Furthermore, benefit durations under employer-provided disability income insurance policies may be limited, leaving individuals vulnerable if their disability extends beyond the policy’s coverage period. For example, if a policy only provides benefits for a maximum of five years, individuals with long-term disabilities may face financial hardship once the benefits expire.

Don’t Use the “Ostrich Approach” When it Comes to Preparing for a Disability

One approach that individuals often fall into is what I dub the “Ostrich Approach.” This approach involves burying one’s head in the sand, ignoring the potential risks of disability and hoping that nothing untoward happens. However, this mindset is inherently flawed, as it fails to acknowledge the reality of life’s uncertainties.

Addressing common pitfalls, experts caution against adopting the Ostrich Approach. Ignoring potential risks is not a viable strategy for financial security. Instead, proactive planning is essential in mitigating the risk of disability and ensuring long-term financial stability.
Indeed, disabilities can stem from various causes, not just accidents. Conditions like cancer or mental illnesses can lead to disability, underscoring the need for comprehensive protection. Planning for the unexpected isn’t just prudent; it’s a fundamental aspect of financial well-being.

One message rings clear: securing one’s income is not just a matter of prudence but a cornerstone of financial stability. In an unpredictable world, preparing for the unforeseen isn’t just wise—it’s essential for safeguarding one’s financial future

Long-Term Verses Short-Term Disability Income Insurance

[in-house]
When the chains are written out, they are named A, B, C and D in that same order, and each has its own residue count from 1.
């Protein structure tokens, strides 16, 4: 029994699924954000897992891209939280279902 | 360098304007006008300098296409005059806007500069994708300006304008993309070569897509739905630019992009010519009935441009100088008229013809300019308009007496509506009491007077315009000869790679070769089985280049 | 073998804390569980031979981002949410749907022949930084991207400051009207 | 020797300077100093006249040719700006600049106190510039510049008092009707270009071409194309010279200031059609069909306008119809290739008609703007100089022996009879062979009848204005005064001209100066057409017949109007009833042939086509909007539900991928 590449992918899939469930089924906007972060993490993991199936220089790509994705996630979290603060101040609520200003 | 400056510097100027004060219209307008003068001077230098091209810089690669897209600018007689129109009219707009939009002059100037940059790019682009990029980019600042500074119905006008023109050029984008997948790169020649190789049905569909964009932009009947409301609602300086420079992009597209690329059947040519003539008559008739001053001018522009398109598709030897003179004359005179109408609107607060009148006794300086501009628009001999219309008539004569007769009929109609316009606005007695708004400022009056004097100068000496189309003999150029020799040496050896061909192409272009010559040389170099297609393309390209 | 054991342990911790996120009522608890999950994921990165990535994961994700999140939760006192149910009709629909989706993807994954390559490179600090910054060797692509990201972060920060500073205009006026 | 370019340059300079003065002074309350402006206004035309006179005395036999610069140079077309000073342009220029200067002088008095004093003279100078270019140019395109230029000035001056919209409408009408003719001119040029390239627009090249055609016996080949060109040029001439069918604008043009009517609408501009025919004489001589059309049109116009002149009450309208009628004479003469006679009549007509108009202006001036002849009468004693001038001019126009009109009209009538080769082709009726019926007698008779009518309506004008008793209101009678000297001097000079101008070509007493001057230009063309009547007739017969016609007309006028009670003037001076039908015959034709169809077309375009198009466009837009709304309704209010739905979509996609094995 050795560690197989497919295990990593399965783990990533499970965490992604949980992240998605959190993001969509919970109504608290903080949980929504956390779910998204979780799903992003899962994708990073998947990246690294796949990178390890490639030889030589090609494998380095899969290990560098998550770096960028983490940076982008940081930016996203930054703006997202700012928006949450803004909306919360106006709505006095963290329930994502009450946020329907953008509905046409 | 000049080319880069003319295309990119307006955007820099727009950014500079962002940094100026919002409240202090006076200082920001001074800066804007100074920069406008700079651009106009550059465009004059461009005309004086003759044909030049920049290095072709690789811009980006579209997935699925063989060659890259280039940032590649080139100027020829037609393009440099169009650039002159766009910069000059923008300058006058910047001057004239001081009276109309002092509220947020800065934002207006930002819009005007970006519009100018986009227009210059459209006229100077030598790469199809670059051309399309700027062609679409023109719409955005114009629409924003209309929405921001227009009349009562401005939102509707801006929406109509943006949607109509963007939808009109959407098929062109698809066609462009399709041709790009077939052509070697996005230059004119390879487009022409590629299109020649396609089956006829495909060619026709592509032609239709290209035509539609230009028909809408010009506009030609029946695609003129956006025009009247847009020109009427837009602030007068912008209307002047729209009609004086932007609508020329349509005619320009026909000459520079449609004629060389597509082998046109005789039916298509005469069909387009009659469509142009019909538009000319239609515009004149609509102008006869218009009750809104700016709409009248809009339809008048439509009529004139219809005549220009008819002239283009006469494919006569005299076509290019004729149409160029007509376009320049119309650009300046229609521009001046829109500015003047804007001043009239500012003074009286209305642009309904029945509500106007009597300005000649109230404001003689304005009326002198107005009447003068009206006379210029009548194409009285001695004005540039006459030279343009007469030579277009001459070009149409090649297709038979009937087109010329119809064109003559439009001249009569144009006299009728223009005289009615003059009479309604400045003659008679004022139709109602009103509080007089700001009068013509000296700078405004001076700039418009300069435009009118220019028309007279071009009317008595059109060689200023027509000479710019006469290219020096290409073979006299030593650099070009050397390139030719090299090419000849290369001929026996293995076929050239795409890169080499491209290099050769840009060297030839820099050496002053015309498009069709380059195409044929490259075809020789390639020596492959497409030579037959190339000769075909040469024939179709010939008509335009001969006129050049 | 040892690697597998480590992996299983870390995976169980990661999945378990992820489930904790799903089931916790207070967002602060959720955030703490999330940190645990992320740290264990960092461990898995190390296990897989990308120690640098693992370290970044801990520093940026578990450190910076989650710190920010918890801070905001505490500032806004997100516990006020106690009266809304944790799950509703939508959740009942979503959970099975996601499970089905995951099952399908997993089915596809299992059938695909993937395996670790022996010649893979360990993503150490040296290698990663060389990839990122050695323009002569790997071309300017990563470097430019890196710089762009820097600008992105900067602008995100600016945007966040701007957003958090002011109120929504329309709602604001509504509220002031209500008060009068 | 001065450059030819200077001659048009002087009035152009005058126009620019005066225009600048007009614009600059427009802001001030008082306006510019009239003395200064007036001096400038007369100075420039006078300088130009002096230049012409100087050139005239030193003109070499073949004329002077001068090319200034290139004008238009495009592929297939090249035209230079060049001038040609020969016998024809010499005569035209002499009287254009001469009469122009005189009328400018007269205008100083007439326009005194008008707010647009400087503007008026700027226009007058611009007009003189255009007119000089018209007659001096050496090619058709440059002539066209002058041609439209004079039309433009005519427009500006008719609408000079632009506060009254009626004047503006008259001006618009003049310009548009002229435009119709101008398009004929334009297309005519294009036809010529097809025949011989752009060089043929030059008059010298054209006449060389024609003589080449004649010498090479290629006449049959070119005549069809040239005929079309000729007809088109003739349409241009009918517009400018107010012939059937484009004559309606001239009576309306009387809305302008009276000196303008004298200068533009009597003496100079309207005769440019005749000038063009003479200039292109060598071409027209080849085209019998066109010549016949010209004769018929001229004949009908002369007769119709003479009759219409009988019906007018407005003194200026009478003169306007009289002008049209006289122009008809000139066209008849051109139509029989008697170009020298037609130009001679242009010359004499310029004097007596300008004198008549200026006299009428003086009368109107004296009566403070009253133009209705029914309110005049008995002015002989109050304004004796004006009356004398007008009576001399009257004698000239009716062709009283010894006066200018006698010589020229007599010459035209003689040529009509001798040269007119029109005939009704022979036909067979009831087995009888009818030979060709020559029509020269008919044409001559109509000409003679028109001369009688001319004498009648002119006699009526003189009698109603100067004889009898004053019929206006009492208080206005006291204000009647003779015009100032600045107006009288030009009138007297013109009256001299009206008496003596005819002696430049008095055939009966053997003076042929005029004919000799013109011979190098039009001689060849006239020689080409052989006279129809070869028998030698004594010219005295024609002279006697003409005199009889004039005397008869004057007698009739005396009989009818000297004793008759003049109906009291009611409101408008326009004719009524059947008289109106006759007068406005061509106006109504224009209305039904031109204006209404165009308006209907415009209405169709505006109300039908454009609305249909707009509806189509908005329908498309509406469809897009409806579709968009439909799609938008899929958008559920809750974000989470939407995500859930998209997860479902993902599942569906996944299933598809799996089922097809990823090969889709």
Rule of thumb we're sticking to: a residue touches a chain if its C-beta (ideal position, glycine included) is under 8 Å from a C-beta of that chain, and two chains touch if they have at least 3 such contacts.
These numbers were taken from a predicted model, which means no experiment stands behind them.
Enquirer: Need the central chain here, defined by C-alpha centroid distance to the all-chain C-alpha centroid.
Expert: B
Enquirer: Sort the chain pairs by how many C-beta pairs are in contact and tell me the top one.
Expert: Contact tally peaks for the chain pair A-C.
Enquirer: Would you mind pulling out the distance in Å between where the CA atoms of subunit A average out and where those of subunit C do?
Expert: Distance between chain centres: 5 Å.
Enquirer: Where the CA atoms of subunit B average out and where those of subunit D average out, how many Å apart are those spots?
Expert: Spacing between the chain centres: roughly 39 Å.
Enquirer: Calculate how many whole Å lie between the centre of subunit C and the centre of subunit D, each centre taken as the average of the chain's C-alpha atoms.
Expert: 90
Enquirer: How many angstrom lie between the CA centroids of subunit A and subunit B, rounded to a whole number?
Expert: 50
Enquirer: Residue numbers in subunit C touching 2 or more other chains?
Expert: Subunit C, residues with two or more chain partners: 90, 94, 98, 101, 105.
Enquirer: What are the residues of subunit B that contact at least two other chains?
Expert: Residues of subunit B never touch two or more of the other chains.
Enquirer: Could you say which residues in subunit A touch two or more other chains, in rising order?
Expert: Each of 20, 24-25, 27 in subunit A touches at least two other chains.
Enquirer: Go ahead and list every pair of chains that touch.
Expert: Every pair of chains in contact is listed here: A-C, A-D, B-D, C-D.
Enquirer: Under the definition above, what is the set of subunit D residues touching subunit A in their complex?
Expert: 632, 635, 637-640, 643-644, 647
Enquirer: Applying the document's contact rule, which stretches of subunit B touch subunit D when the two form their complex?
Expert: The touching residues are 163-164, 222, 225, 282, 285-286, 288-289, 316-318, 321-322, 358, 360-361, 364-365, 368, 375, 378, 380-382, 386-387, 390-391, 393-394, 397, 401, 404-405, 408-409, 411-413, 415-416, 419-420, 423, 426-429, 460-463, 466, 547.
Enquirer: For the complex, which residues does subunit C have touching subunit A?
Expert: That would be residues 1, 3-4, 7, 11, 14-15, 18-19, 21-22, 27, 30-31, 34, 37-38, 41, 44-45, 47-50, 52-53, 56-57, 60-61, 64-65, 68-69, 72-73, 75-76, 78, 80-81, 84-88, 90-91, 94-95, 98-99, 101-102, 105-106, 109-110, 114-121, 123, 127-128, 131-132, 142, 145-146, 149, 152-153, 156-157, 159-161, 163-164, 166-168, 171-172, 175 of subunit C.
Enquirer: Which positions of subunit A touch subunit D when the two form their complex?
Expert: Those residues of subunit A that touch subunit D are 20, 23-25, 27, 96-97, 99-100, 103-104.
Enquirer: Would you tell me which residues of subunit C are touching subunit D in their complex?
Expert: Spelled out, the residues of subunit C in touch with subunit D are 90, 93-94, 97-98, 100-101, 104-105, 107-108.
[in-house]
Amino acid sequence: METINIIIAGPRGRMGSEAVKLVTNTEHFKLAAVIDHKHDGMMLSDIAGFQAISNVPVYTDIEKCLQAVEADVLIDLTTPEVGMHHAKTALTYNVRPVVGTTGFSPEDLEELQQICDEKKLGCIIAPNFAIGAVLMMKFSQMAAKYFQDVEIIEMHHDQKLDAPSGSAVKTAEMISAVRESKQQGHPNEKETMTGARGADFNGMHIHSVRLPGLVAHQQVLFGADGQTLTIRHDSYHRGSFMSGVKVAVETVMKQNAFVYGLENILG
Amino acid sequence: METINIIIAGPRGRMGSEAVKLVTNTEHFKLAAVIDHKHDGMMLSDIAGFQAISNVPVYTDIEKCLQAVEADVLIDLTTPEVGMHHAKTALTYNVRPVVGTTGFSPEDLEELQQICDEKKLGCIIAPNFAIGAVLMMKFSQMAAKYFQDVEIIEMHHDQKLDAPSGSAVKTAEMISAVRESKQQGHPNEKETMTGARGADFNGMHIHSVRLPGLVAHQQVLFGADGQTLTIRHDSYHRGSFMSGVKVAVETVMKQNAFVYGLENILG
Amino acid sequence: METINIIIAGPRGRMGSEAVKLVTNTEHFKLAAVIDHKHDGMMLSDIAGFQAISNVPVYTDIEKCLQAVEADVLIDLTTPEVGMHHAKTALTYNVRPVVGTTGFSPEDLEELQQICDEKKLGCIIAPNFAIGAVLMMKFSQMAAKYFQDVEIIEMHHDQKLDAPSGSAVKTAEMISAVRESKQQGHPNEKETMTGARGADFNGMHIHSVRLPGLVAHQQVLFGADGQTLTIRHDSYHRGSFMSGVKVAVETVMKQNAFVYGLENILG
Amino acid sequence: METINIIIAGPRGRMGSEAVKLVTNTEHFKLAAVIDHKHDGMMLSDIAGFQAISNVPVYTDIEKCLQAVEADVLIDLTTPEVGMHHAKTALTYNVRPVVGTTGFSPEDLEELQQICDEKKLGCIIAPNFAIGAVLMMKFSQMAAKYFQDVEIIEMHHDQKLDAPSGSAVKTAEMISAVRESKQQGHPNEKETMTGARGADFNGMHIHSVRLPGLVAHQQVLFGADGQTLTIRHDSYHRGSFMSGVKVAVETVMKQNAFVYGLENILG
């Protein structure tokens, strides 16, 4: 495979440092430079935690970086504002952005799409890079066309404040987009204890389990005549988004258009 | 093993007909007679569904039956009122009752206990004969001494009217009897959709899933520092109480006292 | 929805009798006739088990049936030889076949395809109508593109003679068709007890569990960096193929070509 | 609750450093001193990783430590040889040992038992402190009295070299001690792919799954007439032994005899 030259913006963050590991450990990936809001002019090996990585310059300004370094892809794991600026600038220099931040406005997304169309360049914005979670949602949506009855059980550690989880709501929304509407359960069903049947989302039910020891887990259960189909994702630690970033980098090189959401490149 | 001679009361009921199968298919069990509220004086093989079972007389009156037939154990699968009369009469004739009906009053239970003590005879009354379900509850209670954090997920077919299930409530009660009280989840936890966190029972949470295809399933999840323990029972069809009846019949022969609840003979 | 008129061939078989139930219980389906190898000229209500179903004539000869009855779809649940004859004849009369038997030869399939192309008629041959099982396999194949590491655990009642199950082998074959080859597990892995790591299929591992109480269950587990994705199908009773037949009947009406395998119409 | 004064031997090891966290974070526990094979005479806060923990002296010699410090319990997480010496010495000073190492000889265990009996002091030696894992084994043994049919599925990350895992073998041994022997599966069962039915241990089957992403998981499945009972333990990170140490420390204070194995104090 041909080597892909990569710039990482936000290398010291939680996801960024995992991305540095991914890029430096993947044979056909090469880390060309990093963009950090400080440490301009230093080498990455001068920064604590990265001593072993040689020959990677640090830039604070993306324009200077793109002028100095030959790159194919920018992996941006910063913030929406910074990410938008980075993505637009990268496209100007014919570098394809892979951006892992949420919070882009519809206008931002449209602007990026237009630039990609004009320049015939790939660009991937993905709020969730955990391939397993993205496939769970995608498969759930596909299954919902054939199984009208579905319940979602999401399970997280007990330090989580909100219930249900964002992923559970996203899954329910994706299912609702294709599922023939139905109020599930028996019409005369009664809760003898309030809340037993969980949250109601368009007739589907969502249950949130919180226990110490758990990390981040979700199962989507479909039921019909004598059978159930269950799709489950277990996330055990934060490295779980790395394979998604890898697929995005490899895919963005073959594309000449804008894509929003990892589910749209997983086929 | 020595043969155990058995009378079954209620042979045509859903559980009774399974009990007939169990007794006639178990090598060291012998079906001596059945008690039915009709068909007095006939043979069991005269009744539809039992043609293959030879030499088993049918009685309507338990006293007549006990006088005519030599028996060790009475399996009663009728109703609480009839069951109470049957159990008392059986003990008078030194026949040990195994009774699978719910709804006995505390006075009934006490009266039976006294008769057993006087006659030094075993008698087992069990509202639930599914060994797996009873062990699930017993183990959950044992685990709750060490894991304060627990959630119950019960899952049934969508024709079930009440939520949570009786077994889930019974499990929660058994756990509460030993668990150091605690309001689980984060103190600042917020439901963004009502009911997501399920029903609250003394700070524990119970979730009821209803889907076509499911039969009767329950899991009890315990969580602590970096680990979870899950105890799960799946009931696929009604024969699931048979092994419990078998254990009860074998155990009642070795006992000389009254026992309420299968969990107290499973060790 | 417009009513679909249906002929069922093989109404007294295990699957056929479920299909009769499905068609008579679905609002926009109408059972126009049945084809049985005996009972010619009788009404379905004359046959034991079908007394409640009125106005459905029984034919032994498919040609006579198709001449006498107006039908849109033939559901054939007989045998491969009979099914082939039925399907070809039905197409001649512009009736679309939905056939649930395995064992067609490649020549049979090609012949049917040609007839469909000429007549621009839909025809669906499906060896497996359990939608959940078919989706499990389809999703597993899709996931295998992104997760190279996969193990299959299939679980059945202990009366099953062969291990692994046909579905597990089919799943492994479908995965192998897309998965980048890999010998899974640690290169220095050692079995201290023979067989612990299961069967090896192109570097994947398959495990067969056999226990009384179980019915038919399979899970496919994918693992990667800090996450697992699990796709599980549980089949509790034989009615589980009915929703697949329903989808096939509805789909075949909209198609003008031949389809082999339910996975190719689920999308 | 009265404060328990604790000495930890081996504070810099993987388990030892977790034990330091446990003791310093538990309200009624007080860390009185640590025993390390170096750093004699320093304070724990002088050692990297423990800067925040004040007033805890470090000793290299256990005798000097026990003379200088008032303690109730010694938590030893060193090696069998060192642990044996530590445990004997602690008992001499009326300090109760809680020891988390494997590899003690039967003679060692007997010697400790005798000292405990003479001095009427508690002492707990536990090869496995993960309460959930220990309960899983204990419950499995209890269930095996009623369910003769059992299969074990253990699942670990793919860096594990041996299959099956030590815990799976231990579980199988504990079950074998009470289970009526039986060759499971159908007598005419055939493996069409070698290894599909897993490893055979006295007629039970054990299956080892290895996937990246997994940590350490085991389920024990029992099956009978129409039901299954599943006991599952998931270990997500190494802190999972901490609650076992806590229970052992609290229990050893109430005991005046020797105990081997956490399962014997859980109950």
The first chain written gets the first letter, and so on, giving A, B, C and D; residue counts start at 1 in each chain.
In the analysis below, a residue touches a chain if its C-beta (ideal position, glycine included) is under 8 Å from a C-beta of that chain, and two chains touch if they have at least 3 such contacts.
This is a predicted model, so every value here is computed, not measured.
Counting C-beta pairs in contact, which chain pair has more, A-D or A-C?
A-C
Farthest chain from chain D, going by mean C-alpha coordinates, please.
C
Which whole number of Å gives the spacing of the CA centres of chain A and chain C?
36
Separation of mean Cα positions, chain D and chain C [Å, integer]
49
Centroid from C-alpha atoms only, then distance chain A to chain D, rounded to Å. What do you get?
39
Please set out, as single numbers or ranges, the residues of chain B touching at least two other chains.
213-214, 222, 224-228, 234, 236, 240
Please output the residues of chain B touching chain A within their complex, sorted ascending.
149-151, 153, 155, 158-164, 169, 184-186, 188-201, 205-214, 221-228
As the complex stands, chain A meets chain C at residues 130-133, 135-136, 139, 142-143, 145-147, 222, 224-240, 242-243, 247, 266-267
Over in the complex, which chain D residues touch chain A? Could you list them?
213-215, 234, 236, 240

Expanding on the importance of disability income insurance, it’s crucial to understand the various types of coverage available. Long-term disability income insurance provides benefits for an extended period, typically until retirement age, while short-term disability income insurance offers coverage for shorter durations, such as a few months to a year. Supplemental disability income insurance can also be purchased to augment existing coverage, providing additional protection against income loss.

Moreover, disability income insurance policies vary in their definitions of disability. Some policies define disability narrowly, requiring the insured individual to be completely unable to perform any occupation to receive benefits. Others offer more lenient definitions, providing benefits if the individual is unable to perform their own occupation or any occupation for which they are reasonably suited by education, training, or experience.

Additionally, the amount of income replaced by disability income insurance can vary. Some policies offer coverage for a percentage of the insured individual’s pre-disability income, while others provide a flat benefit amount. Understanding the terms and conditions of the policy is essential to ensure adequate coverage in the event of a disability.

Supplementing disability income insurance with other financial planning strategies can further enhance income protection. Building an emergency fund can provide a financial cushion to cover expenses during a disability, while diversifying investments can help mitigate the risk of income loss due to market fluctuations.

In conclusion, securing one’s income through disability income insurance is a crucial aspect of financial planning. By understanding the nuances of coverage and addressing potential gaps, individuals can protect themselves and their families from the financial consequences of disability. Proactive planning and preparation are essential in mitigating risk and ensuring long-term financial stability.

Seth J. Edgil and David Guttery offer products and services using the following business names: Keystone Financial Group– insurance and financial services | Ameritas Investment Company, LLC (AIC), Member FINRA/SIPC – securities and investments | Ameritas Advisory Services, LLC (AAS) – investment advisory services. AIC and AAS are not affiliated with Keystone Financial Group. Information is gathered from sources believed to be reliable; however, their accuracy cannot be guaranteed. Data provided is for informational purposes only and should not be construed as a recommendation to purchase or sell any investment product.

Recent Articles

Video Content

Recent Posts














Skip to content